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Does the AC ripple voltage at the input of a linear regulator like LM317 affect its regulation ? I had a circuit where I found that the output of the LM317 was dipping under higher loads(15V,1A).The load is a continuous load and not pulsating.I had had a 47uF cap at the input , and the problem was solved by changing it to a 1000uF cap. Is there any way to calculate the maximum input ripple allowed,or is sufficient to ensure that the ripple does not go below the drop out voltage ?

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  • \$\begingroup\$ On your example was the voltage dropping below the drop-out voltage? \$\endgroup\$ – Andy aka Jun 18 '13 at 14:16
  • \$\begingroup\$ Actually I had just replaced the cap. without checking and it worked.I will check it on a scope when I get an opportunity. \$\endgroup\$ – EmbSysDev Jun 18 '13 at 17:01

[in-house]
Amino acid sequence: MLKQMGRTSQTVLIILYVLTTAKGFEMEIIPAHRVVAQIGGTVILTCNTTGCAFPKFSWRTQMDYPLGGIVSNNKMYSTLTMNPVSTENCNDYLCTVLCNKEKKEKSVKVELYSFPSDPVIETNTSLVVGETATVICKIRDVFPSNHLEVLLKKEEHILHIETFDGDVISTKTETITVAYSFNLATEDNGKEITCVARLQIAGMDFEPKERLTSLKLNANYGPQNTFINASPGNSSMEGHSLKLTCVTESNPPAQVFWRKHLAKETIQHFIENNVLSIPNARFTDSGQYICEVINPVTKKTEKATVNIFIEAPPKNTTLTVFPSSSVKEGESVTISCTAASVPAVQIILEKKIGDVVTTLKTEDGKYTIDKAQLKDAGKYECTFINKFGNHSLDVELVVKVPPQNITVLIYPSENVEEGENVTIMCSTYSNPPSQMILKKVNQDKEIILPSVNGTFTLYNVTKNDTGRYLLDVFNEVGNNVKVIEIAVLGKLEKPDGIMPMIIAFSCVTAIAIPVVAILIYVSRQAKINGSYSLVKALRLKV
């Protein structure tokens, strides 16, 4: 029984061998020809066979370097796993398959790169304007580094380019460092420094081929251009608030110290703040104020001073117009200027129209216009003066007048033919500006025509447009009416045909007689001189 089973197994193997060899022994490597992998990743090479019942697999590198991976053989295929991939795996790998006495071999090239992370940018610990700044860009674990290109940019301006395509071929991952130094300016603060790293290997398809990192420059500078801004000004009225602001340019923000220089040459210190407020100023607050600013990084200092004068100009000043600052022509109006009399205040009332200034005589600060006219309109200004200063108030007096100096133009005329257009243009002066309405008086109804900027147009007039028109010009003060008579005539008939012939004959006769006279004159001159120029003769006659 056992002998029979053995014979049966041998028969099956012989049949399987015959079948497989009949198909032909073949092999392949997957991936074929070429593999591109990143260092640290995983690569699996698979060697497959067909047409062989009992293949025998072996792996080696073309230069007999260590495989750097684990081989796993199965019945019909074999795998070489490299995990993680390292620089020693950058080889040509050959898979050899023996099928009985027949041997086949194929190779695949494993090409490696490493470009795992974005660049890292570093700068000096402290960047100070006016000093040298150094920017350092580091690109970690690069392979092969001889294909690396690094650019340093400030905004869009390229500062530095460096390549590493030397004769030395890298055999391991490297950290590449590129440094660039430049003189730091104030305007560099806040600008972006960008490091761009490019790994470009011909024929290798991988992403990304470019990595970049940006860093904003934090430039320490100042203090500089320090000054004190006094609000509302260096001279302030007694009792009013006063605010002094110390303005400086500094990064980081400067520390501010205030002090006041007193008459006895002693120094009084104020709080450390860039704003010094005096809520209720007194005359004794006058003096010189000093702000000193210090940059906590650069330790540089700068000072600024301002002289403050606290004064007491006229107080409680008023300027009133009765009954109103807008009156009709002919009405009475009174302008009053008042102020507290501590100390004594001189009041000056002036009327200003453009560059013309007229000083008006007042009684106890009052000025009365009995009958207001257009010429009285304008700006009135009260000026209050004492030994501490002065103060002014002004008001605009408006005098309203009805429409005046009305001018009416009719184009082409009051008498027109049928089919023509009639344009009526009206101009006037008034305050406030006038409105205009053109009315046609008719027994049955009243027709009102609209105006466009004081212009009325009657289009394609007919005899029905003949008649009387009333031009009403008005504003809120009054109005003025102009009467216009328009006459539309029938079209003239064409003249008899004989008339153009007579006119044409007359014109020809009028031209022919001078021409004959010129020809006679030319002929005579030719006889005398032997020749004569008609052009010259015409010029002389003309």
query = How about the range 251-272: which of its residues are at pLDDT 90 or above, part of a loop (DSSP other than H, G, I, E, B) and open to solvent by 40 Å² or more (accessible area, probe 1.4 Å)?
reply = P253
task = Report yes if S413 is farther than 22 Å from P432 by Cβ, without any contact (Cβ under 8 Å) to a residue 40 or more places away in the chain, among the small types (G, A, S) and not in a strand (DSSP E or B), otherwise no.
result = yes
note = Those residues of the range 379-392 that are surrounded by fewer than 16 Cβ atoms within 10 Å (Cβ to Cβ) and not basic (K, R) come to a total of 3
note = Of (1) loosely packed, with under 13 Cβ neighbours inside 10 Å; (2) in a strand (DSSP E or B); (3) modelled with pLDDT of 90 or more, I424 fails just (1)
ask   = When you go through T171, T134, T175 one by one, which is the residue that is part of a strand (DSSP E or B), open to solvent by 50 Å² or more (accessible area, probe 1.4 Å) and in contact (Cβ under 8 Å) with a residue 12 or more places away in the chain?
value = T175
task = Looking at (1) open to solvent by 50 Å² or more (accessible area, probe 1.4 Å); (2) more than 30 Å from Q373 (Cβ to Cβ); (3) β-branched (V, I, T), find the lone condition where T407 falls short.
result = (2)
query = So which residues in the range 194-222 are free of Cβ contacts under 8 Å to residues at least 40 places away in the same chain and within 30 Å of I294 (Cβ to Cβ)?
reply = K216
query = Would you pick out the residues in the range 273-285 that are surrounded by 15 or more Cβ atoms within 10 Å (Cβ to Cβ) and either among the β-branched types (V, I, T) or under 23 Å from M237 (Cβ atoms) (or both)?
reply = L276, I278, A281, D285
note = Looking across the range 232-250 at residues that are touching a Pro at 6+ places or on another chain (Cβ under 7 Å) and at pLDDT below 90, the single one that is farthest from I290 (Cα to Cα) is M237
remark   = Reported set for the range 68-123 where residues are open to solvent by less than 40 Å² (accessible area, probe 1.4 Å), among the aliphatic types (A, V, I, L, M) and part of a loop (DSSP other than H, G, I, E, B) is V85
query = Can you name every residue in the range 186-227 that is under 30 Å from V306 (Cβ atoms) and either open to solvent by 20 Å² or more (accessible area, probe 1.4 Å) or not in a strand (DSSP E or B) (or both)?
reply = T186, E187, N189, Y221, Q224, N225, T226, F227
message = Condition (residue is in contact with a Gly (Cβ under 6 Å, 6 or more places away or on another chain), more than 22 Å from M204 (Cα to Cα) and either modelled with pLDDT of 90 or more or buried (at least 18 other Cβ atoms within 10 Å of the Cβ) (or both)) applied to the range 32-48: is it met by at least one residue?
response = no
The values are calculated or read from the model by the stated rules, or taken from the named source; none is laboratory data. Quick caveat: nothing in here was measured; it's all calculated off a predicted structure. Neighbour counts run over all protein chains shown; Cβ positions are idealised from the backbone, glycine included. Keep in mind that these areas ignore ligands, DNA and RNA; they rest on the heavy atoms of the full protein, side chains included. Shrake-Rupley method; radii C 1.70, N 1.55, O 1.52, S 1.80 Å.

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Look at the datasheet. Every decent linear regulator datasheet will specify the headroom, or minimum input voltage required for the regulator to produce the specified output voltage. In your case, the dips of the voltage between when the input cap was charged went too low and the regulator couldn't hold up the output anymore. The larger cap raised the level of the dips to above what the regulator needed.

AC on the input of a regulator even when this is above the headroom limit still matters, but there is a different spec for that. No regulator is perfect, so some amount of the input AC component will appear on the output. Sometimes this is specified as a input rejection ratio, or sometimes as a "input regulation" spec. For example, if the input rejection ratio is 60 dB and the input voltage varies over 1 V, then the output can vary by up to 1 mV from the variation of the input voltage alone.

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